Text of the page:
The law that governs how Colorado Open Records Act (CORA) requests work in Colorado makes special, explicit mention of the press, i.e., they are treated separately from the general population. Though journalists fill a unique role — gathering and disseminating information is their full-time job — they should not get special treatment.
There have been a lot of rumors lately about a bill in the works in the legislature to make CORA requests free to journalists. This is problematic in my view for a number of reasons. Right now, the law for CORA requests is written such that the government agency you request records from has the right to charge you for staff time gathering and preparing the information you seek, and for any physical, paper copies of the records you request. There are maximums on these charges (25 cents per-page for paper; no more than cost for other records materials, and $33.58 per-hour for time beyond the first hour, which is free), but I can tell you from personal experience that the numbers pile up high and quick. I once got a CORA bill from Attorney General Weiser's office of $2,700 to try and review emails he'd sent out to local law enforcement during COVID. These prices also adjust for inflation, and are due for an adjustment in a year. If the prices move like those of everything else lately, I shudder to think what Weiser's $2,700 would jump to.
Regarding the rumored bill, there are no draft bills or actual bills to go off of, so specifics are few and far between. But from what I hear, the bill would put an exception into law so "journalists" don't have to pay CORA fees. What, exactly, is a journalist? They're pretty easy to spot on TV or when they work for a newspaper, but am I one? Would I need a special degree or would I qualify by just being interested in learning, writing up what you learn, and sharing it as I do on my Facebook page or Substack or through op-eds like this one? I don't do it for a living; teaching physics is too fun to give up. But I'd like to think that my efforts to gain access to public records has just as much value. What if you wanted to do the same as I do? What if you had an interest in something that you might share with your family, or your small town, or maybe a group of like-minded people on the internet? Would you qualify for the freebie?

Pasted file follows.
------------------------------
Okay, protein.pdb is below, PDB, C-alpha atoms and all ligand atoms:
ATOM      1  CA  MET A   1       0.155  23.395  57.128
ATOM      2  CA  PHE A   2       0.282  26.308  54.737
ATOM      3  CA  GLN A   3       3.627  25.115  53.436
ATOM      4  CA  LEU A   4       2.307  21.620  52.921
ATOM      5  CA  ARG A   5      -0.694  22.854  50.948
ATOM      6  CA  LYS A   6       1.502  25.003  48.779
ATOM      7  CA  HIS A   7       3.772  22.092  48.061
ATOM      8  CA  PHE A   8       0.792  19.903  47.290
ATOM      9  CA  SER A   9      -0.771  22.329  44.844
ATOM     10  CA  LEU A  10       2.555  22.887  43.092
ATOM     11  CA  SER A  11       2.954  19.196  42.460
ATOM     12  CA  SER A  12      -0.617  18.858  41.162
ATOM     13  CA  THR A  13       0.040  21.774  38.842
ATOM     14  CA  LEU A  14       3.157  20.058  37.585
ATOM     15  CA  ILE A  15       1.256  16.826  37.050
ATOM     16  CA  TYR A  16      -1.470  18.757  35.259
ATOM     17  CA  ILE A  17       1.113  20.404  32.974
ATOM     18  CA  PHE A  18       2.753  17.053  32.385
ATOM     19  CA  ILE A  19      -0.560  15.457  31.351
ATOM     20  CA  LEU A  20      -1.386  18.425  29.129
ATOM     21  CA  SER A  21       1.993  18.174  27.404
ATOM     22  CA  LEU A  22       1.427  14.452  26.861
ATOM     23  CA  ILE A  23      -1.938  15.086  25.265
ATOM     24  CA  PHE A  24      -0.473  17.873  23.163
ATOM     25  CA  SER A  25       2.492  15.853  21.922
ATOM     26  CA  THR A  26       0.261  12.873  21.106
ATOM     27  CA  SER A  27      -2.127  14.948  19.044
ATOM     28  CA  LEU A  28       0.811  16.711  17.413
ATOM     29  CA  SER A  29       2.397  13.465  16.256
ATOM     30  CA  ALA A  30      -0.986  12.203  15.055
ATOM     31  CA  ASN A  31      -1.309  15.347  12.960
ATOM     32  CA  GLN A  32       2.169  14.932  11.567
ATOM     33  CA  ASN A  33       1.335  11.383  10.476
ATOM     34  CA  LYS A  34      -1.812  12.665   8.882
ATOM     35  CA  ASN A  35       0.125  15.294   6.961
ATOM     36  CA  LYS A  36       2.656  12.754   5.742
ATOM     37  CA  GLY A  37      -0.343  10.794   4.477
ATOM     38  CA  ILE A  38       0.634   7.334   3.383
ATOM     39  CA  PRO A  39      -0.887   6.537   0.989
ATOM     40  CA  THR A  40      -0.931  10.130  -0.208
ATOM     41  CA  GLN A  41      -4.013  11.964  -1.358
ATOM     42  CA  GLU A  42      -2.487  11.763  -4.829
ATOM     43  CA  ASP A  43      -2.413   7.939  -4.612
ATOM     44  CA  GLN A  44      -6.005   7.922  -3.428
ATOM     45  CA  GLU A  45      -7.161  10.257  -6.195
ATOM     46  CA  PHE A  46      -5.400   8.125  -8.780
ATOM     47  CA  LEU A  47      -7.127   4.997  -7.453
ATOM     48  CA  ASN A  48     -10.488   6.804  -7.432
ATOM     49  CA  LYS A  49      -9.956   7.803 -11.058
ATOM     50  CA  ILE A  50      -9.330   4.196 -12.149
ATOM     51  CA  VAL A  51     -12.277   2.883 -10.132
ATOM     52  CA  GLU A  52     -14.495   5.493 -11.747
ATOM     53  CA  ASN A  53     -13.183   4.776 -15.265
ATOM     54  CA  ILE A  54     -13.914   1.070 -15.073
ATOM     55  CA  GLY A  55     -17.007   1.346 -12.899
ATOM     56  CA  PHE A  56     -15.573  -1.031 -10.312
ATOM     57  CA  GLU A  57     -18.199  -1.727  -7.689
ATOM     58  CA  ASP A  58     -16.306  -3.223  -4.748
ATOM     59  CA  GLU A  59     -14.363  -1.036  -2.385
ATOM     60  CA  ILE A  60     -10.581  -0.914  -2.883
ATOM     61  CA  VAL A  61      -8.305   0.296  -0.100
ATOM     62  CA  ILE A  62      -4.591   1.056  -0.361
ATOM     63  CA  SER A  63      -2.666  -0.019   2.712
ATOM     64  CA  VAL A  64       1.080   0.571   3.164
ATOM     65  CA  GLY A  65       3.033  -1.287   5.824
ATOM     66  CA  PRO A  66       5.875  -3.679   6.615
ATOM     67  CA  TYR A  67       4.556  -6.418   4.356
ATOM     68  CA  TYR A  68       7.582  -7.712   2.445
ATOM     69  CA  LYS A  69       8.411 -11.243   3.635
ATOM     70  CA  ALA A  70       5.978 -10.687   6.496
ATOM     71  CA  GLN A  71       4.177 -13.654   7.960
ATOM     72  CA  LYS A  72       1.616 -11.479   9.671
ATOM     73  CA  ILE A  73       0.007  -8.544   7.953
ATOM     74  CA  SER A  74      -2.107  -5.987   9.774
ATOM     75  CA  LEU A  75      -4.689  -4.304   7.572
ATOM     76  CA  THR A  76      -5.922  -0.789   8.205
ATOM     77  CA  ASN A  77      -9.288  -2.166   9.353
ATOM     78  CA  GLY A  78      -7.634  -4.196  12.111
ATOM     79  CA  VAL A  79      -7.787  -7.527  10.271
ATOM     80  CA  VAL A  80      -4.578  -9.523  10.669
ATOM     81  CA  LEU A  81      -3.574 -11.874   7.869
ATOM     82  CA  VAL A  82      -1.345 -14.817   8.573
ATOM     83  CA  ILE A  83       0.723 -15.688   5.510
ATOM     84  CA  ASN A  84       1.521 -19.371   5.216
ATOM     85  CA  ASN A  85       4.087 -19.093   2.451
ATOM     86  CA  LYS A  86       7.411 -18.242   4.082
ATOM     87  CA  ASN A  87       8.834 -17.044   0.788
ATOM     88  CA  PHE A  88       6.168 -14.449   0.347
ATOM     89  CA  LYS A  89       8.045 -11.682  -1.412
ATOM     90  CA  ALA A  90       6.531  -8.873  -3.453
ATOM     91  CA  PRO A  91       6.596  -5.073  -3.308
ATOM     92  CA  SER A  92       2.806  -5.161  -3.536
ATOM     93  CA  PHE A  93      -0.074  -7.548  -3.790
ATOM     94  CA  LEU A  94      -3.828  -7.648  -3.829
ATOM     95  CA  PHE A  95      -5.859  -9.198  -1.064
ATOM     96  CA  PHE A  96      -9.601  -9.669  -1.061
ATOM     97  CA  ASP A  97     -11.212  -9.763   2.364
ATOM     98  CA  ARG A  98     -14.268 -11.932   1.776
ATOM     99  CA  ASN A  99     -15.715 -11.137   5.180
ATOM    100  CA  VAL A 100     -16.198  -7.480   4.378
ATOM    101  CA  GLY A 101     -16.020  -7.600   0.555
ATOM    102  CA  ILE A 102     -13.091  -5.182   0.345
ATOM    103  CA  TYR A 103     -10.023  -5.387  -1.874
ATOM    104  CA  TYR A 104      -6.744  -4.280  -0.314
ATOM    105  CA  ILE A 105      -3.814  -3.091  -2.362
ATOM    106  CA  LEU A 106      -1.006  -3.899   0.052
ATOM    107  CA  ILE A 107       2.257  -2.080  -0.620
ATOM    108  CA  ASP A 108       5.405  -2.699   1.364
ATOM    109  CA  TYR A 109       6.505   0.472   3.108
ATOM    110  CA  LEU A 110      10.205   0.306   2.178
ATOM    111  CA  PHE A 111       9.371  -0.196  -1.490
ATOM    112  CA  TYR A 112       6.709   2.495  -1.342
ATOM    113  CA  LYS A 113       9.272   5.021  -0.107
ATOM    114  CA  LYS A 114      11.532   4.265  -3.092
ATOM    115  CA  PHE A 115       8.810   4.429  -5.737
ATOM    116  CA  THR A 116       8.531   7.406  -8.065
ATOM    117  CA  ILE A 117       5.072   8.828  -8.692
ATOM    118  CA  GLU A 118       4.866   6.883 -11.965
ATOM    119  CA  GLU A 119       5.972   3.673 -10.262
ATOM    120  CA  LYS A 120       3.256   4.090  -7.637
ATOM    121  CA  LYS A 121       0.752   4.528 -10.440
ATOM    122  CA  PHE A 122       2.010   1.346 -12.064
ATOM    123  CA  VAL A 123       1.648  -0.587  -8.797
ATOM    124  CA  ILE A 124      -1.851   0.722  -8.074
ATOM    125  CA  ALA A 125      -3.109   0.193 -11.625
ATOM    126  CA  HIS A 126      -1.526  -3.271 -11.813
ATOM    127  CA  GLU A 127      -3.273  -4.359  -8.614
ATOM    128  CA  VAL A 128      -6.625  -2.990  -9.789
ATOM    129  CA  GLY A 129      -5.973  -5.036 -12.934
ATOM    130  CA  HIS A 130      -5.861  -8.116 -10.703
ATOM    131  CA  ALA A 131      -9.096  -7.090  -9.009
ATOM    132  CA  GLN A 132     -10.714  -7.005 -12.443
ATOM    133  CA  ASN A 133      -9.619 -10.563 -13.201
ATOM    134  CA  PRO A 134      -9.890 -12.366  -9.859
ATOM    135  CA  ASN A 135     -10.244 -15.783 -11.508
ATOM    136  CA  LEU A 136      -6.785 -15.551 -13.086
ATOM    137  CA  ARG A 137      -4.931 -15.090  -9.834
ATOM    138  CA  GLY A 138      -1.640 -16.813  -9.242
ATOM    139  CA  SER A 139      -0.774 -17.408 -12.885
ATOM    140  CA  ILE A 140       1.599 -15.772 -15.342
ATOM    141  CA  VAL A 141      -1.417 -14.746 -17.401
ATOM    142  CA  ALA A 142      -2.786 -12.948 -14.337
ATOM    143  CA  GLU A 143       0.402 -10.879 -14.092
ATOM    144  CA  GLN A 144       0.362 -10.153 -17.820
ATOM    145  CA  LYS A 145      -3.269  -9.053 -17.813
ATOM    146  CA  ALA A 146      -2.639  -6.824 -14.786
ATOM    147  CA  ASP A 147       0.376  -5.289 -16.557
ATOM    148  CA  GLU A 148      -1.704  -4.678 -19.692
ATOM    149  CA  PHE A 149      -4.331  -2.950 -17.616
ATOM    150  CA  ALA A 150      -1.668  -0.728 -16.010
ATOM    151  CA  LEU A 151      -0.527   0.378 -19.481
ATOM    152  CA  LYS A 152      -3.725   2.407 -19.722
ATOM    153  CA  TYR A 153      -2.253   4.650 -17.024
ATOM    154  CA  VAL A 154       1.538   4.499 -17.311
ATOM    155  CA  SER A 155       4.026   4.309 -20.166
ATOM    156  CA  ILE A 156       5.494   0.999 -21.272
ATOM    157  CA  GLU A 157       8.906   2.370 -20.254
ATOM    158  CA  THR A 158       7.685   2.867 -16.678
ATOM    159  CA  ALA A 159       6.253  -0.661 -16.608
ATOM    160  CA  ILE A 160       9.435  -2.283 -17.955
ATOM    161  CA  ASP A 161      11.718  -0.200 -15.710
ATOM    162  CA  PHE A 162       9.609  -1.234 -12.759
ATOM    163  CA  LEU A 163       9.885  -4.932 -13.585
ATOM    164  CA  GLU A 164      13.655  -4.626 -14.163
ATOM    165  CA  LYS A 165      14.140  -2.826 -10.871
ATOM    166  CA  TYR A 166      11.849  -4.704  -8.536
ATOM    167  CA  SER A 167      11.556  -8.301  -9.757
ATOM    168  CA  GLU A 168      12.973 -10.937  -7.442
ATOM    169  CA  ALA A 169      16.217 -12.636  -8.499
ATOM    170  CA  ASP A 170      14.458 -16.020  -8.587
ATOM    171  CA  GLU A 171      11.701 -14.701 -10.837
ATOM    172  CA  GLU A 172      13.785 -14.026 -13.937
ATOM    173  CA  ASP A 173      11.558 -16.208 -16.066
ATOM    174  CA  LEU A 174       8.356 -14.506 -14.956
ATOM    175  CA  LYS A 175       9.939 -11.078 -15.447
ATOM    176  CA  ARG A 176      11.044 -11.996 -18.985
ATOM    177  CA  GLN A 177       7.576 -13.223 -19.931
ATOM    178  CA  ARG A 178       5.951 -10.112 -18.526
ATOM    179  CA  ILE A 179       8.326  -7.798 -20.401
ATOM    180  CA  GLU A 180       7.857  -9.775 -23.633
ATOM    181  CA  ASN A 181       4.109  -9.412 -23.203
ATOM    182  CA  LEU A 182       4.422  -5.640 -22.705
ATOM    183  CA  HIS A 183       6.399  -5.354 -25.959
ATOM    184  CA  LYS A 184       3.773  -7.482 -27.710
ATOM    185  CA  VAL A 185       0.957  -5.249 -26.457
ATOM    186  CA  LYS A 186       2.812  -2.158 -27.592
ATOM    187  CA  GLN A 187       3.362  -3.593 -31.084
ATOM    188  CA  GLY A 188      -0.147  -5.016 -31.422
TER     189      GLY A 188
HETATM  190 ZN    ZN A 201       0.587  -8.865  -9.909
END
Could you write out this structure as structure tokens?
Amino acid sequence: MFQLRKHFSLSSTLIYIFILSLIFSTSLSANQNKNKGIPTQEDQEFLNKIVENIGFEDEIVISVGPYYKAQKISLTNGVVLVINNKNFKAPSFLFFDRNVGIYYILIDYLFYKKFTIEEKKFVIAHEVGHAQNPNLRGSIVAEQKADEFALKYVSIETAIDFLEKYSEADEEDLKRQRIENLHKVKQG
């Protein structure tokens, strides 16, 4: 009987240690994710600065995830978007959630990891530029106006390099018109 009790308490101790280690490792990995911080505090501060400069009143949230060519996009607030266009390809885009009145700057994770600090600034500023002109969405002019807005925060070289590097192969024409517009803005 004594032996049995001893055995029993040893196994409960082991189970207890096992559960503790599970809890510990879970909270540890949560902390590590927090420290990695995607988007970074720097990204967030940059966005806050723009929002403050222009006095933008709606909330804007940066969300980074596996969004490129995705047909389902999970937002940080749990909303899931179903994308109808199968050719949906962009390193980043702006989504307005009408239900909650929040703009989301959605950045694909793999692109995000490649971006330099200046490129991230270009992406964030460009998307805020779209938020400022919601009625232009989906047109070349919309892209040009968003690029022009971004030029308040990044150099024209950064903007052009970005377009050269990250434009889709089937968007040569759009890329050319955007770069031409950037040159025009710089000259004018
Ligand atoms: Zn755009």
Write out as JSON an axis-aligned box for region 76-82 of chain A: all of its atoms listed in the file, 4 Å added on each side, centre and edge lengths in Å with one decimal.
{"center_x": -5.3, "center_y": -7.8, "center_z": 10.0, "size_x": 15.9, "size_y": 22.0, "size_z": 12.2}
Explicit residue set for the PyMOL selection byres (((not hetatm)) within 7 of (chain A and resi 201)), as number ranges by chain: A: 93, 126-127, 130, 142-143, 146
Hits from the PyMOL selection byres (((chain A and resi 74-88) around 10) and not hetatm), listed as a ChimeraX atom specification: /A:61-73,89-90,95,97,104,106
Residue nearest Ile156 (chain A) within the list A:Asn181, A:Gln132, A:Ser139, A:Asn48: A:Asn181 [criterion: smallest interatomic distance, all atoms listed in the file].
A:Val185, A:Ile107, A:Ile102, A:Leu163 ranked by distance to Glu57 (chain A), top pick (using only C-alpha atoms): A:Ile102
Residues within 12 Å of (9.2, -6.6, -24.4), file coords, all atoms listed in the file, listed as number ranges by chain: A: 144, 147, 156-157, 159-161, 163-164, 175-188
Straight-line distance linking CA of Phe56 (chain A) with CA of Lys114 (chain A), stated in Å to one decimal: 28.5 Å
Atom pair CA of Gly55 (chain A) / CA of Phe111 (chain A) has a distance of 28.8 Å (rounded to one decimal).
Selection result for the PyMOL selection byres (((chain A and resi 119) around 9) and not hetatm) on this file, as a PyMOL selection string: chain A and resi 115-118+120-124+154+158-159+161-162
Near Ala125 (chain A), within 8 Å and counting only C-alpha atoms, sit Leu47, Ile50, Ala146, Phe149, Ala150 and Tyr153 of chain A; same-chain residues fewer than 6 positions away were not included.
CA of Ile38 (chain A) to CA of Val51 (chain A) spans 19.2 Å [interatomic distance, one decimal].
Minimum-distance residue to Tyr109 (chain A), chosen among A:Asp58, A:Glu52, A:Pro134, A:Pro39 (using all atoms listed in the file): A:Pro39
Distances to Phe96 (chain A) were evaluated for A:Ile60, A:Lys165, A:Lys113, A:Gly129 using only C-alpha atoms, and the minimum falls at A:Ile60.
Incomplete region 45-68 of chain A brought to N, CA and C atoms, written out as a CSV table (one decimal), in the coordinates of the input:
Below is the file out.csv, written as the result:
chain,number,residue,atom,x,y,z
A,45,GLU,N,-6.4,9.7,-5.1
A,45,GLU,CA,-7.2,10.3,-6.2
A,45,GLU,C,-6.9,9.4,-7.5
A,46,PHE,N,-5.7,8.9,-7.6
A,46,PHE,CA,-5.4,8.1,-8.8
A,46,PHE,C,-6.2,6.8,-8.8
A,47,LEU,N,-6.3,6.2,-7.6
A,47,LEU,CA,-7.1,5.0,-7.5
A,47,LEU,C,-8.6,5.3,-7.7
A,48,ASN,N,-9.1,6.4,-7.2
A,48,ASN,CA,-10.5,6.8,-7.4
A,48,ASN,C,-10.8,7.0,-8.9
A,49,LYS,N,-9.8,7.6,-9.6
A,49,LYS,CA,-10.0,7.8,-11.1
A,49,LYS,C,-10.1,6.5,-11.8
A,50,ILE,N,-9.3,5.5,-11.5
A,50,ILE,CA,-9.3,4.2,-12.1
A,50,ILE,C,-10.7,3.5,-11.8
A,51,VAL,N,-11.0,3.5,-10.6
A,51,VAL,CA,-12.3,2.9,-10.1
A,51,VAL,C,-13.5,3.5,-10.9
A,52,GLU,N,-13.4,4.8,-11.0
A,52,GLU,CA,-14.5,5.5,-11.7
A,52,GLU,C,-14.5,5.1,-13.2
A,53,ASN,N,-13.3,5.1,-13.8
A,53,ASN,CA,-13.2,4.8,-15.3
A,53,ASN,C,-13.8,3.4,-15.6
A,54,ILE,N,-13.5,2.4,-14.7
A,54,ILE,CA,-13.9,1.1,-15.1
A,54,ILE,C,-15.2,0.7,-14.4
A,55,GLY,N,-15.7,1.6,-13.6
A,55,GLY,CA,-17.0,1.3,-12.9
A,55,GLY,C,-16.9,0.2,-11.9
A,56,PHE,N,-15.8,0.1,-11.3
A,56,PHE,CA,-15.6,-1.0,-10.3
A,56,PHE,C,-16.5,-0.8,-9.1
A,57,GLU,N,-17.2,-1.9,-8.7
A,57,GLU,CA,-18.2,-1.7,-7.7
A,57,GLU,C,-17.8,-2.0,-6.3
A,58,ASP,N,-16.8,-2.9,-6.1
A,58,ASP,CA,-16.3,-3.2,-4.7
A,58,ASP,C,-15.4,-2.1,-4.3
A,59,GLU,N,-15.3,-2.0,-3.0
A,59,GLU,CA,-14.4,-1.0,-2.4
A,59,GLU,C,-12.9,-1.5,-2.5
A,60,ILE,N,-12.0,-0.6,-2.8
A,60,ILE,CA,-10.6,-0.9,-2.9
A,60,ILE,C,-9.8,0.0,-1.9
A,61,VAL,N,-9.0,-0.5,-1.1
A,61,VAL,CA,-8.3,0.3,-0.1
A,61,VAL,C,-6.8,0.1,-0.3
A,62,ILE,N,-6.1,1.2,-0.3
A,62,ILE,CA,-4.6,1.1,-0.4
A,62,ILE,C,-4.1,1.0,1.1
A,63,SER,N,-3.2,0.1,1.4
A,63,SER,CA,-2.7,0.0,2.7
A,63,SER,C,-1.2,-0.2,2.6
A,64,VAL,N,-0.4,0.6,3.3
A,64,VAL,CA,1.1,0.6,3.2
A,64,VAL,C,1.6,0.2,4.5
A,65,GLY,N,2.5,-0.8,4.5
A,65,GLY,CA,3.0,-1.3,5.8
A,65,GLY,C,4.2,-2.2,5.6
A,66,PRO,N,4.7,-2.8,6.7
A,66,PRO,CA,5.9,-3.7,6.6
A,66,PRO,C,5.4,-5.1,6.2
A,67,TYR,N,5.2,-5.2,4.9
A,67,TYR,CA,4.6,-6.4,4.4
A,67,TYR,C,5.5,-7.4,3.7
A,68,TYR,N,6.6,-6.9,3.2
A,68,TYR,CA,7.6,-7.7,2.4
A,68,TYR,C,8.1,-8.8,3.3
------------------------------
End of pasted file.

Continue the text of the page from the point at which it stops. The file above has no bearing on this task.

CORA law already contains a way to try for a fee waiver — by demonstrating your request serves some "public purpose.” Reporters already have this avenue (as do amateurs like me). If they feel strongly that what they're digging into has meaning, let them argue that what they're doing meets this definition. Giving one group special treatment is a clear message that somehow one group's purpose is more public or noble than another's. I don't want to sermonize about who has more value, or about the political ideology of the press as a whole, but I'd like to point out that we all have an interest in what our government is doing, and all journalists, whatever their political leanings, have a bias that narrows their field of vision just like blinders on a horse.
Let's have more people looking, and let's not make it so one group has special access that another doesn't enjoy. There is no distinction between a mass-media organization wanting to get a list of contractor bids for a huge redevelopment project and my looking to see what information Gov. Polis' CDPHE was collecting on people during COVID — or, say, a friend's personal interest in learning more about the huge fracas that happened in his hometown of Florence. All of that has value. All of that should be treated equally.
As someone who has long advocated for improvements to CORA such as openness about email retention policies, and who has actively tried for years to drum up some support in the legislature to work on the problem, I am glad to hear there may be some movement in the direction of working on CORA law.
A giveaway to one group is not the way to go about it, however. A better fix would be to improve the fee schedule for everyone. With the technology we have now, which was not available when the law was written, it's cheaper and easier than ever to share electronic records. Reasonable guides could be added to the law to help make sure that "public purpose" is not at the whim of a recalcitrant bureaucrat. There are solutions that don't favor one group.
Cory Gaines is a physics instructor at Northeastern Junior College in Sterling. He runs the Colorado Accountability Project on Facebook and lives for what Richard P. Feynman called “the pleasure of finding things out.”
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